So what are some things you hear when you mention the word Quaker? Quaker Oats…Aren’t you like the Shakers?…Aren’t Quakers all dead? One reaction to our being identified as Quakers I remember in particular, was when we dairy farmed, and our neighbors and we were working together to trim cattle hooves on our respective farms. Part of that included eating lunch at whatever farm we were working on that day. When we ate at their place, our neighbors wanted to know if their assumption was correct that we couldn’t drink iced tea because we were Quakers…
Well, the truth is that most of those assumptions or reactions are misinformation. William Penn is NOT on the Quaker Oats box, we are NOT Shakers, and we are NOT dead. In fact; HERE WE ARE…SO what IS the reality behind all these myths?!
The Quaker slant on faith and life began way back (when?) In the mid-1600’s in England, during their civil war when there were a variety of movements that addressed the disparities in life with regard to religion, politics and economic inequalities. Out of that time there were those who tried to reform from within the established church and some who saw the church as a lost cause. George Fox was a young man who had grown frustrated with clergy and the institution as he sought a direct spiritual experience for himself. In 1647, he had a Divine revelation that spurred the creation and development of what has evolved through the past 350 plus years into what has come to be the Religious Society of Friends or more informally as Quakers. The core of that experience is described in the quote that you can find in your bulletin…
Our history is a long, amazing, and distinguished story of how we got to where we are now. Rather than spend a lot of time on it now, I want to let you know that we will deal some with historical specifics as they relate to the topic at hand each week. I also want to remind you that there are both books out back and videos online that offer great perspectives on our historical details. There are several important distinctives that persist today which originated with George Fox and his fellow seekers that continue to give life to our Quaker faith.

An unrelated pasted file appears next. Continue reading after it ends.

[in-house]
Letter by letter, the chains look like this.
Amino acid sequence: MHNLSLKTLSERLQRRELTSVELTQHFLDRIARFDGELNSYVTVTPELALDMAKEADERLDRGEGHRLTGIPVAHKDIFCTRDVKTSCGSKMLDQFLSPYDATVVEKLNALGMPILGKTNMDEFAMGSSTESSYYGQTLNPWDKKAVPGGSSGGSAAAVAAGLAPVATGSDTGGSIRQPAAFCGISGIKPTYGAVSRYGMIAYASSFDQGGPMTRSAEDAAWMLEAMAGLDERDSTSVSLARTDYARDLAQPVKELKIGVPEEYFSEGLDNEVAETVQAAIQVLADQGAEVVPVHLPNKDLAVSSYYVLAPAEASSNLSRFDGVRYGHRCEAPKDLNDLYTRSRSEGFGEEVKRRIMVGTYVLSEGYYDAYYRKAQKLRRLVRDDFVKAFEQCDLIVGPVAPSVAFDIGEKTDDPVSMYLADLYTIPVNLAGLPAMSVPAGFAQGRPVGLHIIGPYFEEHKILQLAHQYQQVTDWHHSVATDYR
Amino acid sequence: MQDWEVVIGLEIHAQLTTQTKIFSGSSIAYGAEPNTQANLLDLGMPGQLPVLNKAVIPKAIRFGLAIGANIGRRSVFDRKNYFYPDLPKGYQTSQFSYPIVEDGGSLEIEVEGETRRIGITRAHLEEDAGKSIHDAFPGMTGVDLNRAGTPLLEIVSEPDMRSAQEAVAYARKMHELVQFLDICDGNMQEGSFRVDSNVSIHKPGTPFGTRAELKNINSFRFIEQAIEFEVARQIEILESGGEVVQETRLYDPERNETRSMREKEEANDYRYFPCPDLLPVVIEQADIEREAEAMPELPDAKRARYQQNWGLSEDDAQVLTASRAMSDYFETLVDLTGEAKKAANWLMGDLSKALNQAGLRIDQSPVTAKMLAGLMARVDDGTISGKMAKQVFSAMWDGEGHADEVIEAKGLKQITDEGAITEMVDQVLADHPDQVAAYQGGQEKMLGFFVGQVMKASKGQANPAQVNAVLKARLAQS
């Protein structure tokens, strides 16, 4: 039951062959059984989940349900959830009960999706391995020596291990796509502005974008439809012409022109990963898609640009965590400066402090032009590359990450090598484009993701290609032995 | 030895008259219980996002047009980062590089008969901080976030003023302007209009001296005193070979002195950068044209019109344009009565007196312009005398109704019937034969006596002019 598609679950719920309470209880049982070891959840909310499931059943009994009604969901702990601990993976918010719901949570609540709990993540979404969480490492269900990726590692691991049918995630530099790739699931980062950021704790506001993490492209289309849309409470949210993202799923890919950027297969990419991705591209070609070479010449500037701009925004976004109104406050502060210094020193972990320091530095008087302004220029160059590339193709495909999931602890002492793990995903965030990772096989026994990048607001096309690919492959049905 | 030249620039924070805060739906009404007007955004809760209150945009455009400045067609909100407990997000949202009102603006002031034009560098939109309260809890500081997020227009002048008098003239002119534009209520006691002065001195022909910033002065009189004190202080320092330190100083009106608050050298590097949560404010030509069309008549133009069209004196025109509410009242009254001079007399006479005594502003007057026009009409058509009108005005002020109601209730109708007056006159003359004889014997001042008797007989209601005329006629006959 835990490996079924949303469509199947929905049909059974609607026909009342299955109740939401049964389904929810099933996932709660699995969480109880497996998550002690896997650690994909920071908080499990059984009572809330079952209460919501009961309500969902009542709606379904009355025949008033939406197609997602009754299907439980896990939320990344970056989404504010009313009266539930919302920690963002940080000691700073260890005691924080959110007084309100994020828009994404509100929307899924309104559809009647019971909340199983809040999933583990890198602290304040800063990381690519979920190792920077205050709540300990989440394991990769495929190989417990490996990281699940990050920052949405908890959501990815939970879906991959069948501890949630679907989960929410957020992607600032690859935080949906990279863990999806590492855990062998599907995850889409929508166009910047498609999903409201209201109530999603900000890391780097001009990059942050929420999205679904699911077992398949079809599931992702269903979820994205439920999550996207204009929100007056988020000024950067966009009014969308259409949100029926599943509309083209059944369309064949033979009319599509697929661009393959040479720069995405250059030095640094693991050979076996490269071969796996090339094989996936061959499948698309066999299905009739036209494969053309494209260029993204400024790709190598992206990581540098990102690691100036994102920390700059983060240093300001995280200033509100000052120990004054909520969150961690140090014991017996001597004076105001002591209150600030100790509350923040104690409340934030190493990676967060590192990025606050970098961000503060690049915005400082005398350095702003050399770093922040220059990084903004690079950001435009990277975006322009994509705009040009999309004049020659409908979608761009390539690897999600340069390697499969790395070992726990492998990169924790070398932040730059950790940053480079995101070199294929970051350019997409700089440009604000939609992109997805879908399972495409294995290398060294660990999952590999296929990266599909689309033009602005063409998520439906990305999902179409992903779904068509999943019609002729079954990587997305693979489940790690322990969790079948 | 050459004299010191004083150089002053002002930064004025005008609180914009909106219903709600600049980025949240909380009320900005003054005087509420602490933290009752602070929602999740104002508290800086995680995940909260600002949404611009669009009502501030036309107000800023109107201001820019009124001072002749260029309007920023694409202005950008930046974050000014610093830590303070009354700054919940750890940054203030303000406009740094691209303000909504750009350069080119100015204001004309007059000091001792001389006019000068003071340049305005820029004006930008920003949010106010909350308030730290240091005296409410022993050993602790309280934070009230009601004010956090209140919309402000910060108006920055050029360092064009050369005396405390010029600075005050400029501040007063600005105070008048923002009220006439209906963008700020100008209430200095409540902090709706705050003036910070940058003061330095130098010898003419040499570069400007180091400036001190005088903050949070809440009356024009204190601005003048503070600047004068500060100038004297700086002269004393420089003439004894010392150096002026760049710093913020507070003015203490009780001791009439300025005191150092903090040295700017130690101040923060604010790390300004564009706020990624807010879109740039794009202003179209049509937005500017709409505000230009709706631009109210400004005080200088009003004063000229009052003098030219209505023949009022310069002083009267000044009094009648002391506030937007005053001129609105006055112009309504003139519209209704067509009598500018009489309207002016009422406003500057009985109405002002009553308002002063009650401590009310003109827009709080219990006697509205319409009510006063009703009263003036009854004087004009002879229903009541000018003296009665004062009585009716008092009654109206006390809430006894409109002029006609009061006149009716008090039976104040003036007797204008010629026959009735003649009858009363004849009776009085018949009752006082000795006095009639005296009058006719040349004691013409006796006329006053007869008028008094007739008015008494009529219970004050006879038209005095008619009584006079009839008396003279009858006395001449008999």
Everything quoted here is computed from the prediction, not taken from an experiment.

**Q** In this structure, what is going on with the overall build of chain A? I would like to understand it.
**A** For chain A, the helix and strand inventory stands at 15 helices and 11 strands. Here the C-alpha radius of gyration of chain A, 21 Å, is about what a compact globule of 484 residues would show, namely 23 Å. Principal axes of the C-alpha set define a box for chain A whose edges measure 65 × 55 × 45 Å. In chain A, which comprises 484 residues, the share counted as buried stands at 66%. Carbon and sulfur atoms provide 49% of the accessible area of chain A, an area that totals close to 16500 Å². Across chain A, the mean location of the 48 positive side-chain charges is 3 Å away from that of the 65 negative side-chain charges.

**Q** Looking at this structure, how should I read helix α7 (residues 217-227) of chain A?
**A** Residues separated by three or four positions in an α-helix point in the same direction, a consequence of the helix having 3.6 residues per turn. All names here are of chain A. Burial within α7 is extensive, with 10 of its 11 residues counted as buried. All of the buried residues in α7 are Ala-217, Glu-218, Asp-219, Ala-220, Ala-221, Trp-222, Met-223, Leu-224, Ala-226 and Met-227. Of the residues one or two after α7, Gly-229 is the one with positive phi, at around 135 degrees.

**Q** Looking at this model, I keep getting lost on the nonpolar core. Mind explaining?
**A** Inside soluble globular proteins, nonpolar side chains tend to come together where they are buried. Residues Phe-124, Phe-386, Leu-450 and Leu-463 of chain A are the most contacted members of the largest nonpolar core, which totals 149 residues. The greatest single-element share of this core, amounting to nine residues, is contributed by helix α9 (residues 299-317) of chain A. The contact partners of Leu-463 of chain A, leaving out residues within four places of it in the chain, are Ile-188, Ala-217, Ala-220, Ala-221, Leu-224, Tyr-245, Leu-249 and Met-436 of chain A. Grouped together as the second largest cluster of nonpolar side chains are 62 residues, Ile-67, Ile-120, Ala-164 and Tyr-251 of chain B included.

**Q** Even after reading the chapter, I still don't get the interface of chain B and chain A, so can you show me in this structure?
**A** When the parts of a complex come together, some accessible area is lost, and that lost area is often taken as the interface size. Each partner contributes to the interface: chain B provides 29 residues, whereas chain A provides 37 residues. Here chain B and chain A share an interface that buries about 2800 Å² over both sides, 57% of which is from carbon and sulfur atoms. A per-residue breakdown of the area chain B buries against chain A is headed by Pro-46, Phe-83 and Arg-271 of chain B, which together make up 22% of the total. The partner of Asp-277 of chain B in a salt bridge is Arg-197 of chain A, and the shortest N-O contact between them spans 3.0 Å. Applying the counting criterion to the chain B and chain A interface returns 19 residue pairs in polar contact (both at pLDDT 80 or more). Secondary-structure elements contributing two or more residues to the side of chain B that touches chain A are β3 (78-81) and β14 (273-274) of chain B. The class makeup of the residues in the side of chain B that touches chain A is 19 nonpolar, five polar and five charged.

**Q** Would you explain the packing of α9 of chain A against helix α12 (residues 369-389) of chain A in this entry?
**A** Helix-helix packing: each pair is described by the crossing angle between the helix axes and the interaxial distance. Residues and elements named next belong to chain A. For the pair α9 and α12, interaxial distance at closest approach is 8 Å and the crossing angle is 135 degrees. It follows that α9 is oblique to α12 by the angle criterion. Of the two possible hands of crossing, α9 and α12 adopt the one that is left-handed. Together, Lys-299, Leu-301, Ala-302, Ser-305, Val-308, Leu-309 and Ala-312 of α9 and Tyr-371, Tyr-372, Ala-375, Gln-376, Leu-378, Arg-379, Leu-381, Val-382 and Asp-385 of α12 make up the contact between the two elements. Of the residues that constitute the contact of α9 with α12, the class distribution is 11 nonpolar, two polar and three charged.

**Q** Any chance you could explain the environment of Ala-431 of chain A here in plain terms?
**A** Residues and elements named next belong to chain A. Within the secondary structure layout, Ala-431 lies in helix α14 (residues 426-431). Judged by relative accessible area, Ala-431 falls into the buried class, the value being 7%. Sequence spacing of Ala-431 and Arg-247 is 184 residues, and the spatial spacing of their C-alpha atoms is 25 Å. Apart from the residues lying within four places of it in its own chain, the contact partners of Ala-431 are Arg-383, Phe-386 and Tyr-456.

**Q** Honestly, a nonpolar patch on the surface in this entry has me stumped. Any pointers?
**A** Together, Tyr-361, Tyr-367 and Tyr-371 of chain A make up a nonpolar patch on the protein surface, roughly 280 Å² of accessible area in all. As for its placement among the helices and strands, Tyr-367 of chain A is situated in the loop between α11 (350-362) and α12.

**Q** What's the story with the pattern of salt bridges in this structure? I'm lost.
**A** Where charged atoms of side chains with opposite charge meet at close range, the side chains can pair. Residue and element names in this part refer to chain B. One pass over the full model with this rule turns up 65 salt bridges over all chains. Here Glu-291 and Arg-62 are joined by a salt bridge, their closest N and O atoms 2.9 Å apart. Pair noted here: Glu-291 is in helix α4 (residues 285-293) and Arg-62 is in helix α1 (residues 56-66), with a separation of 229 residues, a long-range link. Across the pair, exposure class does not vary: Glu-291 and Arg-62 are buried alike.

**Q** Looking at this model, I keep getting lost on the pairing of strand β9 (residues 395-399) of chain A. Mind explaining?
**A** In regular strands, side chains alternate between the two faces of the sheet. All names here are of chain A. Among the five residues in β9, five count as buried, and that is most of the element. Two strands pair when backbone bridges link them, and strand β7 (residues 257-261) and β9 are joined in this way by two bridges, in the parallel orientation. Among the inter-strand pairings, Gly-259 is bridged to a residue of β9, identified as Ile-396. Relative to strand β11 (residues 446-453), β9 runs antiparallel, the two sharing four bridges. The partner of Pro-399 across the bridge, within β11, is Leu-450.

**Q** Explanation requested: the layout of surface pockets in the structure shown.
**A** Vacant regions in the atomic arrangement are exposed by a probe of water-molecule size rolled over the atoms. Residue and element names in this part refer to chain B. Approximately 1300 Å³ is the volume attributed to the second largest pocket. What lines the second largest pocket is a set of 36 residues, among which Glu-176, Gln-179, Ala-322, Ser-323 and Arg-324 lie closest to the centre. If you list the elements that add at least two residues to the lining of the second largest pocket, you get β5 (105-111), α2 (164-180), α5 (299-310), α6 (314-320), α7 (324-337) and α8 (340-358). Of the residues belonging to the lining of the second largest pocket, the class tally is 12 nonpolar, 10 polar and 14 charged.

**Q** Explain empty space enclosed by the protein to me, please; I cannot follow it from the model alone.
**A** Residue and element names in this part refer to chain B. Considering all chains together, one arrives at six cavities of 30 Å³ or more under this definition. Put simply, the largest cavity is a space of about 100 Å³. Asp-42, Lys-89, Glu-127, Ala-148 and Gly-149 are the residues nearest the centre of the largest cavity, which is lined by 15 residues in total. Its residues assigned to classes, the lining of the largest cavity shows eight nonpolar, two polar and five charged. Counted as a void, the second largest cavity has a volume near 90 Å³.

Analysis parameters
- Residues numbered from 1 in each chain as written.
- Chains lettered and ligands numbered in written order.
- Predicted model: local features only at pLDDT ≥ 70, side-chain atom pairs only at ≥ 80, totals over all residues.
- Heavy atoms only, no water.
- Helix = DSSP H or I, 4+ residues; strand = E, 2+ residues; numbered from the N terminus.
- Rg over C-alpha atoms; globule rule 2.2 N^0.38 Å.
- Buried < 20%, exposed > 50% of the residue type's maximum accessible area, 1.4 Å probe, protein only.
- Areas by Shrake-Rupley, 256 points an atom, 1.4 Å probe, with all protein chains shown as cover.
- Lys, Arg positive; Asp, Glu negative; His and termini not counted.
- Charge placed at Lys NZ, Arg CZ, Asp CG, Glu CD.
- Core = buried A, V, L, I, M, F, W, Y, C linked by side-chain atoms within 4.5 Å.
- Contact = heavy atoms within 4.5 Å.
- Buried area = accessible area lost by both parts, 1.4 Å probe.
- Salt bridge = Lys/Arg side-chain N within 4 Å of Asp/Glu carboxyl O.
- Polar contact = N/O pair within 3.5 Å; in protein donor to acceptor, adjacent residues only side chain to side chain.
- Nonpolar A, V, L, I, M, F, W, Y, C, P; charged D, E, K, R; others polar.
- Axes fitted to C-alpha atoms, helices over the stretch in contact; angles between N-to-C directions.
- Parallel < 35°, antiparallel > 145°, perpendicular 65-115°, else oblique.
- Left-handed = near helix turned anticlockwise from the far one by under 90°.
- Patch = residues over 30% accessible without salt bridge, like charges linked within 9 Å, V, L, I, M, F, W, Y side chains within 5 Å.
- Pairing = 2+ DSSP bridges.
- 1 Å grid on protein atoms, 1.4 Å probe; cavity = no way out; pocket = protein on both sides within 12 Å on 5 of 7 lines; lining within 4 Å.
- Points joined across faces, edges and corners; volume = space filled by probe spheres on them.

Quakers are a simple, contemplative denomination. Because we view being guided by the Divine as central to our faith and practice, we work to limit the complexity of our lives in order to be able to hear and respond to the leadings we receive.
Quakerism is based on silence as being the main way we as individuals and as a corporate group connect and interact with the Divine. We understand that there are no necessary intermediaries or rituals that enable or allow the conversation to begin or continue between God and humans. Some of us enjoy having the guidance of music and message and scripture; some of us are just as easy with sitting together in a given space in complete silence. As must be obvious to you, we here at Adirondack Meeting especially appreciate some external prompts and preparations for our experience of the Divine. Nonetheless, the core of any Quaker worship is the ability to encounter the living presence of God directly as we are; while we are silent and still. The one-to one direct relationship that each one of us has (that is discovered and experienced in the silence) with God is the foundation of our faith. We each are responsible for participating in and contributing to that relationship; in taking the initiative and living into the opportunities we each are given for following our divine guide.